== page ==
Summer Budget 2015 measures that will affect the UK housing market are:
- Tax relief restrictions for buy-to-let landlords
- Non domicile status rules reforms
- The rise of the inheritance tax threshold for primary residences
At present, individual landlords with a rental property can deduct certain costs, including mortgage interest, from their income before they pay tax.
The Chancellor has announced that it will restrict the relief on mortgage interest costs that landlords who are higher rate taxpayers can claim. From 2017 to 2020, the relief will gradually be reduced from 45% or 40% to 20%.
In addition, from April 2016, the general ‘wear and tear allowance’, will be replaced by a new system that only allows landlords to get tax relief when they replace furnishings.
The Chancellor has announced plans to increase the tax free allowance for inheritance tax to £1m for couples who pass on their home to their children. Currently, inheritance tax is charged at 40% on estates over the tax-free allowance of £325,000 per person.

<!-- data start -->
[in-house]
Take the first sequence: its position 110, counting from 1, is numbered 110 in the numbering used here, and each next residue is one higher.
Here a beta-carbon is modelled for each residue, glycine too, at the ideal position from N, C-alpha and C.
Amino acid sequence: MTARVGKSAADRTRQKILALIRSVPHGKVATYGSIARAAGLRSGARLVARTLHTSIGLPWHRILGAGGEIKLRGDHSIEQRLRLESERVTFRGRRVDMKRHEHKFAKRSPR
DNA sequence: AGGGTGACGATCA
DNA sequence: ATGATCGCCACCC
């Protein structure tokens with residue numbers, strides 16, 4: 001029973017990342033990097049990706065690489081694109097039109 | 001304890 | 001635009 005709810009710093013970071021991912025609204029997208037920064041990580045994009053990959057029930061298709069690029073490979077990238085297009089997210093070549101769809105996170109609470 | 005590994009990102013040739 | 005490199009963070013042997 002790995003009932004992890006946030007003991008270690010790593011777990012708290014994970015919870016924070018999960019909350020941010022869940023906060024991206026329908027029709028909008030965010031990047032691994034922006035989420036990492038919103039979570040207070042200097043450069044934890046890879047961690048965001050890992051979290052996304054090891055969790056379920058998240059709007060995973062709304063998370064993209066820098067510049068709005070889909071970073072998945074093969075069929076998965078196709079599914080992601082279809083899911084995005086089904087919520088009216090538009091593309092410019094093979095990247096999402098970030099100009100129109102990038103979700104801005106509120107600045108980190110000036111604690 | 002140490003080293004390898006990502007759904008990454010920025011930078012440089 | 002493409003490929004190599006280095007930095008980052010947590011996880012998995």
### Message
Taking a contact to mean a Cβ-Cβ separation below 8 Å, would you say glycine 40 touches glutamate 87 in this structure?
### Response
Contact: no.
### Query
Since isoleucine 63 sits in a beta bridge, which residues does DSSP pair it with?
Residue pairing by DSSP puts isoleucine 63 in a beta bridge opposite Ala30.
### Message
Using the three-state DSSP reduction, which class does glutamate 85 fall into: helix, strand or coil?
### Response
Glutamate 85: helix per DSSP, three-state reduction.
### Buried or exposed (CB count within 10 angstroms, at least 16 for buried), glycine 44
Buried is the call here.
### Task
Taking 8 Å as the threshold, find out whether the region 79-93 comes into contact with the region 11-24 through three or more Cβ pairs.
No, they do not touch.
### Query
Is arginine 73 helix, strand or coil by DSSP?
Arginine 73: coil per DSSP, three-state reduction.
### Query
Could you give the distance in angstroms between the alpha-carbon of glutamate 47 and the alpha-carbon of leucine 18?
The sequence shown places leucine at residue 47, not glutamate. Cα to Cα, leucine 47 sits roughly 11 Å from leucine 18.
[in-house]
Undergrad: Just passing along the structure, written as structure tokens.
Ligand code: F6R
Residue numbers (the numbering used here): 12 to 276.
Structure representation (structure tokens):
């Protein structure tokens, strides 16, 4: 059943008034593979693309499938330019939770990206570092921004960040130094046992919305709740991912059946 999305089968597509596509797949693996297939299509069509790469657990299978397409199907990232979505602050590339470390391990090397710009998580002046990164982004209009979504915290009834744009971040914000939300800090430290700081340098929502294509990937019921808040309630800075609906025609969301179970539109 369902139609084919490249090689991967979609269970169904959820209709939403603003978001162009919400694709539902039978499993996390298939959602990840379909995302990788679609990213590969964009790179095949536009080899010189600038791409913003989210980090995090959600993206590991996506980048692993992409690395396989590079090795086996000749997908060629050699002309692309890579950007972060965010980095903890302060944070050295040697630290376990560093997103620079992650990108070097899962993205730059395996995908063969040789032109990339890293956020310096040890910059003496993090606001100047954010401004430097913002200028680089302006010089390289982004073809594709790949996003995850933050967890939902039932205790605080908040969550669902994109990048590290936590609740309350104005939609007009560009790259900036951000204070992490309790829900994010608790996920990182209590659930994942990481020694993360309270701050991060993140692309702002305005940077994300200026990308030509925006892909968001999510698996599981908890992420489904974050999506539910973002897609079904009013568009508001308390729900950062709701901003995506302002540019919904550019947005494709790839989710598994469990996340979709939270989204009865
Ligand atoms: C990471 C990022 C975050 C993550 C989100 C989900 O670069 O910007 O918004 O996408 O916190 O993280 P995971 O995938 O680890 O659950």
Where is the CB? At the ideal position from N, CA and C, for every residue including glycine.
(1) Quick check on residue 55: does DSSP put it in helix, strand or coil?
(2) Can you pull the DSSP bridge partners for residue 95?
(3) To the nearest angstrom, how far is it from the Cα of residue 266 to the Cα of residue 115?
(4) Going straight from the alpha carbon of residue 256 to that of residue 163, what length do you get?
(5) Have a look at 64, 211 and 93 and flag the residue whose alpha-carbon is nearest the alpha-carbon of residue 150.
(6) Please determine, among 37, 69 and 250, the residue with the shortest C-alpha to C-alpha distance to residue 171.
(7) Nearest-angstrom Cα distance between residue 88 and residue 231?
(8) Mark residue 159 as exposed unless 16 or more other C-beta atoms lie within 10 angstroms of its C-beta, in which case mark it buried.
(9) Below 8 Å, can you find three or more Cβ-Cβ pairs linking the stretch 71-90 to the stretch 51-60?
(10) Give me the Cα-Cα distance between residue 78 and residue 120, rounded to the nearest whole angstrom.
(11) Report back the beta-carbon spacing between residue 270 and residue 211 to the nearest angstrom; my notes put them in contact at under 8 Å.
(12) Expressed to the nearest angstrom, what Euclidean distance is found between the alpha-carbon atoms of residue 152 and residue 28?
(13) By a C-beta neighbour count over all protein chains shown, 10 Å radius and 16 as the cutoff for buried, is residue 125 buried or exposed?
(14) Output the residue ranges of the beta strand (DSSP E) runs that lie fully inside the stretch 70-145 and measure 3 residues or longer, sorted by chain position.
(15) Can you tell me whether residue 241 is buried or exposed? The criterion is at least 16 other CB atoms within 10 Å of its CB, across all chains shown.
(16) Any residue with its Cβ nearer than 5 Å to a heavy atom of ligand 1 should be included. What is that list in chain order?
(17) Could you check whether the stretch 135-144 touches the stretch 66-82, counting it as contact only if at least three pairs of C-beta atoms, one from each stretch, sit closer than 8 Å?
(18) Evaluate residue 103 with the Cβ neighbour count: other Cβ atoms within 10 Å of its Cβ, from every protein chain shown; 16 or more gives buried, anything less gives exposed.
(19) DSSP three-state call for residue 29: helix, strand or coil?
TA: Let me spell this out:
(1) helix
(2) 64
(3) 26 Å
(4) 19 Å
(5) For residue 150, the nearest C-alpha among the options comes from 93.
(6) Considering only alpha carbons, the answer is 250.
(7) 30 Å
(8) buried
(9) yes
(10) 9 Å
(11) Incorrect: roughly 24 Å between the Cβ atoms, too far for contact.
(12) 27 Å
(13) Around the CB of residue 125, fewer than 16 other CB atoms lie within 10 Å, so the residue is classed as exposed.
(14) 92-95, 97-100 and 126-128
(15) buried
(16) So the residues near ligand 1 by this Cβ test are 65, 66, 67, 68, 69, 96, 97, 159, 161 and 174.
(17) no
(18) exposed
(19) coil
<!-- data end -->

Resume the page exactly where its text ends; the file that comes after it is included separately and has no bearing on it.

Inheritance tax for Non-Doms
Properties held in an offshore company by those with non-domicile status will be liable for inheritance tax from 2017.
From April 2017 anybody who has been resident in the UK for more than 15 of the past 20 tax years will be deemed to be domiciled in the UK for tax purposes. In addition, individuals who are born in the UK to parents who are domiciled here, will no longer be able to claim non-domicile status whilst they are resident in the UK.
For more details about the Summer Budget 2015 please see here:
Or contact JOHNS&CO email@example.com; T +44(0)20 7118 0200